It's all up in the air BUT what is different is that this is a game for far fewer players than it was at 300-mm and that concentrates the expense in relatively few pockets.
Could that make it a transition too far?
@Dylan: the "...the transition to 450-mm wafers is inevitable..." is only true to some, not all. I believe the number will be a small one. Given this, how are the 10 wafer fab equipment suppliers fund that 80 percent of the R&D required to support the transition?
Interesting forecast on the fab demography in 2017...
Thanks MP. I agree with you, and I suspect that Bob Johnson of Gartner would agree also. There will be only a few companies that move to 450. As far as how they will fund it, I suspect that we saw an example of that yesterday, when Intel announced it would take a stake in ASML and provide additional funding for 450-mm and EUV development. This is the way I think it has to be, because the tool vendors themselves are not going to be able to afford all of the R&D on their own.
Not sure that ASML should set the standard for all tool vendors, though I'm sure any vendor will now like to ask for upfront $$ to fund R+D. Regarding 450mm photo development, it seems we're really talking EUV. I believe there are some toolsets like implant that face significant challenges to upsize from 300mm to 450mm, but I would think that this asml example will be the exception, not the rule.
I am with you. I think every tool maker would like to get money up front for 450-mm development. But I am not sure that that many are negotiating from ASML's position of strength in lithography. Sadly, in more competitive equipment markets, bearing the cost of 450-mm development may be table stakes.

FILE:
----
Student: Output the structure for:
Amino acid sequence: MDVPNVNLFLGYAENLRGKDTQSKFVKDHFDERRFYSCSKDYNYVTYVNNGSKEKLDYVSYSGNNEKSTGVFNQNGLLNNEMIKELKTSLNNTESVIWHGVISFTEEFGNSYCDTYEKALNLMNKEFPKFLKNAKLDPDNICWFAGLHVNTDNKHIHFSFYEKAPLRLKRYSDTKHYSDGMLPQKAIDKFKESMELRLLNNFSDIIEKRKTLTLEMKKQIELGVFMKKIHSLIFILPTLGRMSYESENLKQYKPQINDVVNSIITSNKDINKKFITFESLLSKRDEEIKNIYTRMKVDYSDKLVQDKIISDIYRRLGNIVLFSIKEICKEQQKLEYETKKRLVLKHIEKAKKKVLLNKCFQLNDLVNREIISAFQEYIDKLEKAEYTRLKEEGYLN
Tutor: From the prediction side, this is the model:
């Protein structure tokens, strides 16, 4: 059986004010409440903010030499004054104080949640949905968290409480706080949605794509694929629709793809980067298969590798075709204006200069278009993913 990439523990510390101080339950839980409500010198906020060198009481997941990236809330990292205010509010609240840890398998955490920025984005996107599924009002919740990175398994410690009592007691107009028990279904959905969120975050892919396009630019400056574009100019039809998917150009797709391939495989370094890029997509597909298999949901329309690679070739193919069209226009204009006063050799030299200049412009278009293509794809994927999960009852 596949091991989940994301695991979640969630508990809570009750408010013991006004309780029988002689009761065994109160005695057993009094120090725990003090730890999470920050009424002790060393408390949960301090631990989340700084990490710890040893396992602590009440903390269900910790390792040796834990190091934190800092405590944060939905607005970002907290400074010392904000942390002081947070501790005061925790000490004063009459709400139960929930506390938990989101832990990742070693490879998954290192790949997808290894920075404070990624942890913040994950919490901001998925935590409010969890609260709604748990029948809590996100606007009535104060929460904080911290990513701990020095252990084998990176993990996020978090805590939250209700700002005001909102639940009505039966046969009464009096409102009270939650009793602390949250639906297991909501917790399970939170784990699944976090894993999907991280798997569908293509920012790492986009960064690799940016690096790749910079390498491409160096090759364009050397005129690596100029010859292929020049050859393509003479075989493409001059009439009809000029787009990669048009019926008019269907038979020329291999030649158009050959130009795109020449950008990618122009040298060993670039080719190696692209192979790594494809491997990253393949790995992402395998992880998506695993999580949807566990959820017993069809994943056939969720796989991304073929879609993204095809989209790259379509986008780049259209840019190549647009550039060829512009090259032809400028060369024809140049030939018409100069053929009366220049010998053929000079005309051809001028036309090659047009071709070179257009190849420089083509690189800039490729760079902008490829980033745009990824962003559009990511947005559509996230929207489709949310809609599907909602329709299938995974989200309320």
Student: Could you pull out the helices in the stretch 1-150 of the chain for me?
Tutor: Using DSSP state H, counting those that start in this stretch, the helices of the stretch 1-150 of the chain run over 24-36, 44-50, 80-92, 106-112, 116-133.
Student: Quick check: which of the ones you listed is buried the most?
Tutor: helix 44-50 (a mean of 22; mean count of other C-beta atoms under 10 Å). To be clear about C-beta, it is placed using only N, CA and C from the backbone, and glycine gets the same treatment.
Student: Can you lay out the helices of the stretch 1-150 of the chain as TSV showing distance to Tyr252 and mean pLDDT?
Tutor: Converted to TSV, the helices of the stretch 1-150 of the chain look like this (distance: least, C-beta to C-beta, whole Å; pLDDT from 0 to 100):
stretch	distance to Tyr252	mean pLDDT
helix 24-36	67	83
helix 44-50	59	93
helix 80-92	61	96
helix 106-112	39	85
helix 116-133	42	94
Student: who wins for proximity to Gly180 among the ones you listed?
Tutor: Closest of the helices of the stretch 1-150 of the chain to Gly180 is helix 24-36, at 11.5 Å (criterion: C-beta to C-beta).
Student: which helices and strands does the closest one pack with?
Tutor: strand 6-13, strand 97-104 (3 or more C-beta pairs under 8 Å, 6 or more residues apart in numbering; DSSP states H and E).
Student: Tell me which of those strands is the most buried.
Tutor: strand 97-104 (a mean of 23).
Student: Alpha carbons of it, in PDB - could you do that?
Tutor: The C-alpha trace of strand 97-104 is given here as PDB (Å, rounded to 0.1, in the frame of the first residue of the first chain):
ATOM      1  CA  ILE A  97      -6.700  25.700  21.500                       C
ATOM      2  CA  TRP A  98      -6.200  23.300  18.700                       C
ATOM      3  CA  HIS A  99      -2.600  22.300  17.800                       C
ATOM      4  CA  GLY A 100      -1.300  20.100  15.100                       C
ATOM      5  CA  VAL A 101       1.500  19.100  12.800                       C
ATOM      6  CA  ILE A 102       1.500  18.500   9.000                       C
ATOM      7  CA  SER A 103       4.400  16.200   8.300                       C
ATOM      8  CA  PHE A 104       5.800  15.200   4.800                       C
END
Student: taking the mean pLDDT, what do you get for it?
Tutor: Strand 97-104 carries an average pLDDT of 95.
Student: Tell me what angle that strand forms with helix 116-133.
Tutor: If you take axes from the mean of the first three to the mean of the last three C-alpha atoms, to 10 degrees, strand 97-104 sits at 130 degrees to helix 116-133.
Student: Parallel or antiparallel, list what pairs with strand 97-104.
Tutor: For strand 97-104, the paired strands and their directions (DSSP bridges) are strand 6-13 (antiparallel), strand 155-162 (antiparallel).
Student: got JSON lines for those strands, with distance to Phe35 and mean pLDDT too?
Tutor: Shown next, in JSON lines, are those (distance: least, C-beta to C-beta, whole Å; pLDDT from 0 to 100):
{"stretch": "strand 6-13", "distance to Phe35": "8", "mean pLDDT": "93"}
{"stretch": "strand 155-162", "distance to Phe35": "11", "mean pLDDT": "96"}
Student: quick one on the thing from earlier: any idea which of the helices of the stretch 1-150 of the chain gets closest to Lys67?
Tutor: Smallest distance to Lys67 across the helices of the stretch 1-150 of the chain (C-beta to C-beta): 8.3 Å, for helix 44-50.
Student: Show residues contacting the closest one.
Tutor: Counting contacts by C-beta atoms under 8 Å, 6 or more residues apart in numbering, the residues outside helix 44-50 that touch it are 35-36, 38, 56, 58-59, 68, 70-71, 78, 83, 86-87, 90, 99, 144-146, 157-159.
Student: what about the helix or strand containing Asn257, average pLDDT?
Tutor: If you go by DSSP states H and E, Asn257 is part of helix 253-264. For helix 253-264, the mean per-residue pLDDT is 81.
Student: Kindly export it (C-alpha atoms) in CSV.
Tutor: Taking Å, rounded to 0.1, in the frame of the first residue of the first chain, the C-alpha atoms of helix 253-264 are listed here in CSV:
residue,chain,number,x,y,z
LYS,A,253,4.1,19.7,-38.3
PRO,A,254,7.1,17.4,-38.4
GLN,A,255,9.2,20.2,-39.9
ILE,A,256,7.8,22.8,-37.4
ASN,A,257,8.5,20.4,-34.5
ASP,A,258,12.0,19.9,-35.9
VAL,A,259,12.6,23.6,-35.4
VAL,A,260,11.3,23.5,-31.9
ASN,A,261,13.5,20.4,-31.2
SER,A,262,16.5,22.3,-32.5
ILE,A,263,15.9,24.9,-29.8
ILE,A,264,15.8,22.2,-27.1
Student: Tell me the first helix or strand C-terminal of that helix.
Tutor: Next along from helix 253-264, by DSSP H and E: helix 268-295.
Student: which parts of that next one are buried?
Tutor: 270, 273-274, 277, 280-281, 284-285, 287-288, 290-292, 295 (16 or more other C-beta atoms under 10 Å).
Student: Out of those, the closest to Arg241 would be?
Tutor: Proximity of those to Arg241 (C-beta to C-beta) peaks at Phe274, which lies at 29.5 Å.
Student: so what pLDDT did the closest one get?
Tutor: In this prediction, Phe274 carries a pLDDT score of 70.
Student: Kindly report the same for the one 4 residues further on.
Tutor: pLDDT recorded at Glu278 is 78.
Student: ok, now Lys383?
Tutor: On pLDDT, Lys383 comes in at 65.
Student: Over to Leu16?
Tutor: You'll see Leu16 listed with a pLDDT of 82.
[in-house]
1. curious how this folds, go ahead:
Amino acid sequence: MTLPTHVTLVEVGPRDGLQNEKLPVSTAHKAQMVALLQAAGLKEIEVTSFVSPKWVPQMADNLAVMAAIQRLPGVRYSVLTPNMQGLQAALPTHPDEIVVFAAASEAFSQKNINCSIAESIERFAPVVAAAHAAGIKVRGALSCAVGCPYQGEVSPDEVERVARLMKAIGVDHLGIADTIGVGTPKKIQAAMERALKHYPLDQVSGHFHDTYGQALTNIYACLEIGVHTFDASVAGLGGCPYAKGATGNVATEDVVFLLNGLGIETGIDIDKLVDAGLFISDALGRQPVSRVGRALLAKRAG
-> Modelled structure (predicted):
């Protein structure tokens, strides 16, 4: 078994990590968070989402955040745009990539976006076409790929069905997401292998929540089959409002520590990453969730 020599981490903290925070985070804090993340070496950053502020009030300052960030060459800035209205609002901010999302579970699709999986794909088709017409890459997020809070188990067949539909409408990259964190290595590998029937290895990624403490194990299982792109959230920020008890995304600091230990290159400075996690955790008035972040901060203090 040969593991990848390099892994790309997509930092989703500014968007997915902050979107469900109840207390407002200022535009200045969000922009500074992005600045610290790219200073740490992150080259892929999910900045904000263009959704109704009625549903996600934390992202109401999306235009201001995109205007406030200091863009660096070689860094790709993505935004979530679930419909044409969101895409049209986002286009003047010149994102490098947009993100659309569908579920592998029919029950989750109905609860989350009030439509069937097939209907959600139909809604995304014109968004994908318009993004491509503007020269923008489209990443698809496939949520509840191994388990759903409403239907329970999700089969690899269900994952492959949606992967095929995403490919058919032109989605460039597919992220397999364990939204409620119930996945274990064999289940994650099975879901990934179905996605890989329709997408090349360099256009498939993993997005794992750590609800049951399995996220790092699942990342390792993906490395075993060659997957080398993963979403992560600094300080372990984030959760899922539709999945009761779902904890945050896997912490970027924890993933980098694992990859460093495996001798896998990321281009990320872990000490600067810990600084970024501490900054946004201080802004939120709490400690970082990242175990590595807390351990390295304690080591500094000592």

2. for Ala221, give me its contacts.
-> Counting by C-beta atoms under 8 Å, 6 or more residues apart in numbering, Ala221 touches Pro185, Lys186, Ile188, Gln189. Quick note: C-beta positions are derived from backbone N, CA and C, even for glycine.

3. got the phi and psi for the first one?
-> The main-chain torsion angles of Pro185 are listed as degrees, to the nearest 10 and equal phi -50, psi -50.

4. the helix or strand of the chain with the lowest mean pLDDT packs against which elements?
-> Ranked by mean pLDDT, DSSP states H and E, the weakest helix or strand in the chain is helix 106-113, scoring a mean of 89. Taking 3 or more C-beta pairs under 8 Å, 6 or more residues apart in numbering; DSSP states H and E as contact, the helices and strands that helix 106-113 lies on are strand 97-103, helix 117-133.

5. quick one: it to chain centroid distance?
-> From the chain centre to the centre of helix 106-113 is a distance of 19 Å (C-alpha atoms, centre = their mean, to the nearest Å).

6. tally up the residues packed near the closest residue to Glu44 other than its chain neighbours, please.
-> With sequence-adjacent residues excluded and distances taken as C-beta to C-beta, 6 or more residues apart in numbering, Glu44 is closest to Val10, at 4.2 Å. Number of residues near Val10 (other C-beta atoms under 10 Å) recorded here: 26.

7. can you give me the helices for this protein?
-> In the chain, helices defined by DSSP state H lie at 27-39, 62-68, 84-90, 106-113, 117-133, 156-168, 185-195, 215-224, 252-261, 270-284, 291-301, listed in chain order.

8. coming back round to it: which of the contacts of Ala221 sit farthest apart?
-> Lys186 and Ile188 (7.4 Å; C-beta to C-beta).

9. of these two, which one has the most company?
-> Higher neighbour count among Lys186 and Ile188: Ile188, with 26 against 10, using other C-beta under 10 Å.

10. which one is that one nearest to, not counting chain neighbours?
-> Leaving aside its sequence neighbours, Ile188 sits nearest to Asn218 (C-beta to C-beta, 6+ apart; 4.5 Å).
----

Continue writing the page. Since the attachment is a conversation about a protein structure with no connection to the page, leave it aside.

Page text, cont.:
What is also interestng is what happens to 300-mm wafer fabs when the leading-edge digital logic and memory ICs are made in a very few 450-mm megafabs.
History teaches that the 300-mm fabs will become the domain of More-than-Moore, trailing-edge digital, 57 varieties of analog, mixed-signal, image sensors, MEMS and so on.
And most 200-mm wafer factories will probably become economically unviable if they are trying to compete with larger 300-mm wafer fabs.
The result will be a complete changing of the order.
And then, talking with the Cymer folks, their EUV teech will be rolling out before 450mm is ready, even on the most optimistic predictions, which could increase yields on 300mm enough to make 450mm unnecessary in the short term.
Fascinating! I guess that's why executives are paid a lot of money, the decisions they have to make can make or break a business.
PS. With all the best prior research and analysis, there is always an element of luck in it.
As we unveil EE Times’ 2015 Silicon 60 list, journalist & Silicon 60 researcher Peter Clarke hosts a conversation on startups in the electronics industry. Panelists Dan Armbrust (investment firm Silicon Catalyst), Andrew Kau (venture capital firm Walden International), and Stan Boland (successful serial entrepreneur, former CEO of Neul, Icera) join in the live debate.